Goutam Das, Senior Associate Editor, Business Today
It was touted as the 'Make in India' Budget. But at the end of Finance Minister Arun Jaitley's one hour and thirty three minutes speech, peppered with 15 references to "manufacturing", many industry captains were still grappling to pinpoint that one big-bang move. It was a mixed bag for the sector. While many of the policies proposed could stimulate manufacturing demand in the long term, executives were not too sure about the near term. The Indian manufacturing sector has a problem on the demand side - there is more capacity and less demand. The automobile segment is running at about 40 per cent excess capacity, for instance. Until capacity utilisation touches 80-85 per cent, companies are unlikely to invest in new plants and create jobs.
What could create demand for the manufacturing sector in the medium to long term are investments in infrastructure that could create opportunities for the capital goods segment, steel and cement. Investments in infrastructure, the minister said, will go up by Rs 70,000 crore in the year 2015/16 over the year 2014/15. The government also proposed to set up five new Ultra Mega Power Projects, each of 4,000 MW, in the plug-and-play mode. "If the infra demand grows, the commodity demand goes up, so does the demand for construction equipment. It will also generate employment. Importantly, because of the demand, it would energise investments," Sumit Mazumdar, CMD of TIL Ltd. and President Designate of CII told Business Today.
GST, which will put in place an indirect tax system by April, 2016, will also boost manufacturers in the long run. "It will add buoyancy to our economy by developing a common Indian market and reducing the cascading effect on the cost of goods and services," the Finance Minister said. "We are moving in various fronts to implement GST from the next year," he added. Lower costs imply more domestic consumption as well as a better chance for Indian manufacturers in the export market.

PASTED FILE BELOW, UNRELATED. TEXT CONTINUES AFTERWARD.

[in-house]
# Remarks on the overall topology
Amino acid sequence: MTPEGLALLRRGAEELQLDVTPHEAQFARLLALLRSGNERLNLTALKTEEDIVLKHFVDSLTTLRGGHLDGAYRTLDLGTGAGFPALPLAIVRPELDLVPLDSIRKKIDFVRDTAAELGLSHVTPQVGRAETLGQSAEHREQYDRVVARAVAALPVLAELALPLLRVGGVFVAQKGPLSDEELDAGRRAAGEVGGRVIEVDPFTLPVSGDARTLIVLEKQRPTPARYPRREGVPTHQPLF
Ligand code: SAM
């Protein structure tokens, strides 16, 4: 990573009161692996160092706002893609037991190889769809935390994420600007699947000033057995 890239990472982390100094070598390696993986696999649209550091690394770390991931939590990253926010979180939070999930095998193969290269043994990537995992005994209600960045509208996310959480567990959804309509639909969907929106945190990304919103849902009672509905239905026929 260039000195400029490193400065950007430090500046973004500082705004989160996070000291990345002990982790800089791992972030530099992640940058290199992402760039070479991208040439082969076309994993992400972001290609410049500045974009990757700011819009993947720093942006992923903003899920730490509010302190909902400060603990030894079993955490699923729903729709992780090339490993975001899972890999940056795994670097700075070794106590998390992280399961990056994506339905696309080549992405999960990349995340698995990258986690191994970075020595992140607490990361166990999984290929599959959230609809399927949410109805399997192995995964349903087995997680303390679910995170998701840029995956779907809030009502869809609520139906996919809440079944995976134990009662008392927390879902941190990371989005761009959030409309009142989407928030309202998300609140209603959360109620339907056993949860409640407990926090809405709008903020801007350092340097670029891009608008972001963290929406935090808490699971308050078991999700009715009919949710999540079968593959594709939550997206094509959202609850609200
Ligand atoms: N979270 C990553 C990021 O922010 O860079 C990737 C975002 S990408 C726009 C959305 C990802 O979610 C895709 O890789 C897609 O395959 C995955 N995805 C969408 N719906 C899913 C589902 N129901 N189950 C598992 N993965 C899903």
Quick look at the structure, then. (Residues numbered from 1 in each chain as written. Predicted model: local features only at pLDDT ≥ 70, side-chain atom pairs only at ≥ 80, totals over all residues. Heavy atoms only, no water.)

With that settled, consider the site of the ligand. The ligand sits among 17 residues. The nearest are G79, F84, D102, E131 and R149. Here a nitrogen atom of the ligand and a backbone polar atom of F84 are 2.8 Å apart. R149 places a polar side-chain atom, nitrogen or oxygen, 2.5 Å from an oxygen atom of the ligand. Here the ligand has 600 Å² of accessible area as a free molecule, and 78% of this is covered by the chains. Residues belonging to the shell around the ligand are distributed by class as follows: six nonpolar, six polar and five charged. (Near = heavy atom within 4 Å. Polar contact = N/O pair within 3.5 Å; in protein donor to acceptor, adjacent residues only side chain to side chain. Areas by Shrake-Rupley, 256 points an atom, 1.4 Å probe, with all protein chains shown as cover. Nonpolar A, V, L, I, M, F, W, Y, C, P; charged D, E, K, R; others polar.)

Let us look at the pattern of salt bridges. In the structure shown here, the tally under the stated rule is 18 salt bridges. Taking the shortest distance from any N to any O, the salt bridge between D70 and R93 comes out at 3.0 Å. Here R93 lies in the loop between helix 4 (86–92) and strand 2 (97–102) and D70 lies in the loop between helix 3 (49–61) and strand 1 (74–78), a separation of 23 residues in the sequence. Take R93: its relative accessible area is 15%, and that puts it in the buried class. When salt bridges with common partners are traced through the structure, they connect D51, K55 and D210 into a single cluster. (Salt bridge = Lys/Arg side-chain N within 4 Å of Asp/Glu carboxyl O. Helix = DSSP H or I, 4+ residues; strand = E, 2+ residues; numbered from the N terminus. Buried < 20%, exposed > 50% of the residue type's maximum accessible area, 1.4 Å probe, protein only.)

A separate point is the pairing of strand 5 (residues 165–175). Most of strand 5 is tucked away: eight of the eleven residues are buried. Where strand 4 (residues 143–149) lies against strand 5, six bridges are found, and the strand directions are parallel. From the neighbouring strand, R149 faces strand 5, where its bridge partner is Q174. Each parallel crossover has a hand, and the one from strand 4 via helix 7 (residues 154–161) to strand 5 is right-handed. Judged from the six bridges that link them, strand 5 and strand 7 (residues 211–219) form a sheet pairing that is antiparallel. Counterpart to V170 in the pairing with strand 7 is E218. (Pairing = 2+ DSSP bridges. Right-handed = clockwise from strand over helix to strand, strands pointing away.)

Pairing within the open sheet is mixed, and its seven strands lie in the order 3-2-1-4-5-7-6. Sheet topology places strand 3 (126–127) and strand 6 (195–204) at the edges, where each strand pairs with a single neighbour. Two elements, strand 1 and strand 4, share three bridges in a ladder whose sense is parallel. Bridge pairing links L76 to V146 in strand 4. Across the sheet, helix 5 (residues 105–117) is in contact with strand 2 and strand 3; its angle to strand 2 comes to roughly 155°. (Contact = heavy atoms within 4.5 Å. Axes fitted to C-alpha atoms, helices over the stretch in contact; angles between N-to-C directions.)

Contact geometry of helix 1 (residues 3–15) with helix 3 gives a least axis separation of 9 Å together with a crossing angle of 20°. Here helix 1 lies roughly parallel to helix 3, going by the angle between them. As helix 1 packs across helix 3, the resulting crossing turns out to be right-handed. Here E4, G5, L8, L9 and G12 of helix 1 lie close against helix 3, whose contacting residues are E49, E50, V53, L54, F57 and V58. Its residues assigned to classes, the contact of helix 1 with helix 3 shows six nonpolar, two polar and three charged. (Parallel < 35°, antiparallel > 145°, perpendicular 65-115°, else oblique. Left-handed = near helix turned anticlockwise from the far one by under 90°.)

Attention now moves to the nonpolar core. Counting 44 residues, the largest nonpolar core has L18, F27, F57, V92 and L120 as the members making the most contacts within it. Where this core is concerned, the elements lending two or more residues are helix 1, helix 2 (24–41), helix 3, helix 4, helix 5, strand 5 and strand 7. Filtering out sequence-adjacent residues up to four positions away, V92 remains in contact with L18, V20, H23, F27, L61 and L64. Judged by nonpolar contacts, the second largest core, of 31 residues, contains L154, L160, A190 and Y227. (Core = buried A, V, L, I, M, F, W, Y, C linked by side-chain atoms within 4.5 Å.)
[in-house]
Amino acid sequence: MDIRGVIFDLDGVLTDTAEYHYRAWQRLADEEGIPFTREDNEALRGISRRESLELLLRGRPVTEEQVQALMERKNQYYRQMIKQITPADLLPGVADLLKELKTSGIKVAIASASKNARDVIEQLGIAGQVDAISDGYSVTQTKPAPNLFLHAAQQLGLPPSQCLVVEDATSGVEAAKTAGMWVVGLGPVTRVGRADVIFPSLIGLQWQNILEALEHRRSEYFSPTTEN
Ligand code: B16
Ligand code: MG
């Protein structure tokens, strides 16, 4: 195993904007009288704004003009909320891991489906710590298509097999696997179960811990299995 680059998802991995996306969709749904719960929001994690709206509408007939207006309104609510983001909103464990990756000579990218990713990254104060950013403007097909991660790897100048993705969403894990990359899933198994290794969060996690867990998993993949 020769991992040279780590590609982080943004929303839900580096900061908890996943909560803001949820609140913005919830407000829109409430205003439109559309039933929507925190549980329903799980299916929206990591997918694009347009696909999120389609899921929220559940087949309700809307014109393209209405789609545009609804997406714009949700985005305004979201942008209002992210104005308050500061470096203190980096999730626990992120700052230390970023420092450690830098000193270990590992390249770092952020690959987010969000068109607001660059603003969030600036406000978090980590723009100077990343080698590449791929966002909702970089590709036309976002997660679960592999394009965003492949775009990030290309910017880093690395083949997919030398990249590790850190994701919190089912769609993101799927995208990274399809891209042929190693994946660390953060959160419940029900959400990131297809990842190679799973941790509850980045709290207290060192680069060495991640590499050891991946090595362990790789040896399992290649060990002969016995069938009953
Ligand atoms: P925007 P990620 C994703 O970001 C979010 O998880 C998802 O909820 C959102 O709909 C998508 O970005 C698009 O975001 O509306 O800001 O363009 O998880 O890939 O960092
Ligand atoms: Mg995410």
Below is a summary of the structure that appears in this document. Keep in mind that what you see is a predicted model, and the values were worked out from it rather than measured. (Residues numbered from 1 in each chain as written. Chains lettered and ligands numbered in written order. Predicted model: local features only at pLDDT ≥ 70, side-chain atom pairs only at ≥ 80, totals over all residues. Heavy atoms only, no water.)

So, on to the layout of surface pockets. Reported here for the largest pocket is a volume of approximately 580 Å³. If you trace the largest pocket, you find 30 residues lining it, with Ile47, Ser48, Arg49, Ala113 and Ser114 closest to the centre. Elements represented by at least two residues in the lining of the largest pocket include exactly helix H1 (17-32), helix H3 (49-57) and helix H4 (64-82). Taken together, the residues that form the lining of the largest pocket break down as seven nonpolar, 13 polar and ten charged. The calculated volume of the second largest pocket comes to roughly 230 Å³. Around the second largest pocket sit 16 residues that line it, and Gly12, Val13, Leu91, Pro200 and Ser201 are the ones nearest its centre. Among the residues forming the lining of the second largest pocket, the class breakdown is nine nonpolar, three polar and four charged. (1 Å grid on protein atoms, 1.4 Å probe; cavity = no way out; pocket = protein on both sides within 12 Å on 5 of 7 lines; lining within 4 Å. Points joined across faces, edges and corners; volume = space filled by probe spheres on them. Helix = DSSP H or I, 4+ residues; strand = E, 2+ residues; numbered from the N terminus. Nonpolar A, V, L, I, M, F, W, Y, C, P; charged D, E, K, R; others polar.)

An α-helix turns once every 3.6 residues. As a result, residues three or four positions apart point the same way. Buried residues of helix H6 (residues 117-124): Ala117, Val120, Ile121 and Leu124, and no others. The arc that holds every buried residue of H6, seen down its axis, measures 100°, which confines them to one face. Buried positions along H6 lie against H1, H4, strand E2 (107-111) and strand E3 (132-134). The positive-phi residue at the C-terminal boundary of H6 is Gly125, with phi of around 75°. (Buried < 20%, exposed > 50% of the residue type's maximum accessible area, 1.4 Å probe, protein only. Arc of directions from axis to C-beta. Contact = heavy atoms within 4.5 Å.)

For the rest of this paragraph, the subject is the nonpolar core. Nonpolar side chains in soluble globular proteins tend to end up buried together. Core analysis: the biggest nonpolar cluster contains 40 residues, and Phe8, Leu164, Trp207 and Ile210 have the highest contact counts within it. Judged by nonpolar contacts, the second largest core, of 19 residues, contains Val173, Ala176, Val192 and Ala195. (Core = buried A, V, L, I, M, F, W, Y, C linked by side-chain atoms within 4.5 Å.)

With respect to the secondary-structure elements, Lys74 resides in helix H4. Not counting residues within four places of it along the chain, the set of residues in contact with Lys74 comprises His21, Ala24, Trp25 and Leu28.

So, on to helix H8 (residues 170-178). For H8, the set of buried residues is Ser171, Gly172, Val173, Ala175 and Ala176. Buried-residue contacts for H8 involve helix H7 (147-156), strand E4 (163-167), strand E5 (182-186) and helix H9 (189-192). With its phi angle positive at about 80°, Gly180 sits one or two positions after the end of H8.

For the short term, Saturday's Budget rationalised duties on some components, particularly in the electronics and white goods segments. Industry bodies such as FICCI and IESA have been lobbying for rationalisation of inverted duties that were crippling local manufacturing - the import duty on the finished product in at least seven manufacturing sectors was lower compared to the import duty on raw materials required to make those products domestically. The minister, therefore, proposed to "reduce the rates of basic customs duty on certain inputs, raw materials, intermediates and components so as to minimise the impact of duty inversion and reduce the manufacturing cost in several sectors". He also did away with the Special Additional Duty (SAD) on IT hardware.
"From an IT industry perspective, it is a mixed bag with the inverted duty structure being finally addressed with the removal of SAD on all components. The removal of customs duty on components and concessional structure of 2 per cent without CENVAT credit are positive steps to encourage tablet manufacturing in India. However it disappoints as no initiatives have been taken to increase PC manufacturing and promote exports," Amar Babu, President of MAIT, the association of India's IT hardware industry, said.
While the duties have been rationalised mostly in electronics, it would help automobile manufacturers as well - Shekar Viswanathan, Vice Chairman and Director at Toyota Kirloskar Motor Private Limited said that even entry level cars today have a lot of electronics and India today can garner the economies of scale to manufacture much of it.
The sooner that happens, the better it is for India's manufacturing sector - manufacturing's share in the country's overall GDP has been shrinking, from a high of 16.28 per cent in 2011/2012 to 14.94 per cent in 2013/2014. The government wants to push it to 25 per cent of the GDP. That appears a tough job.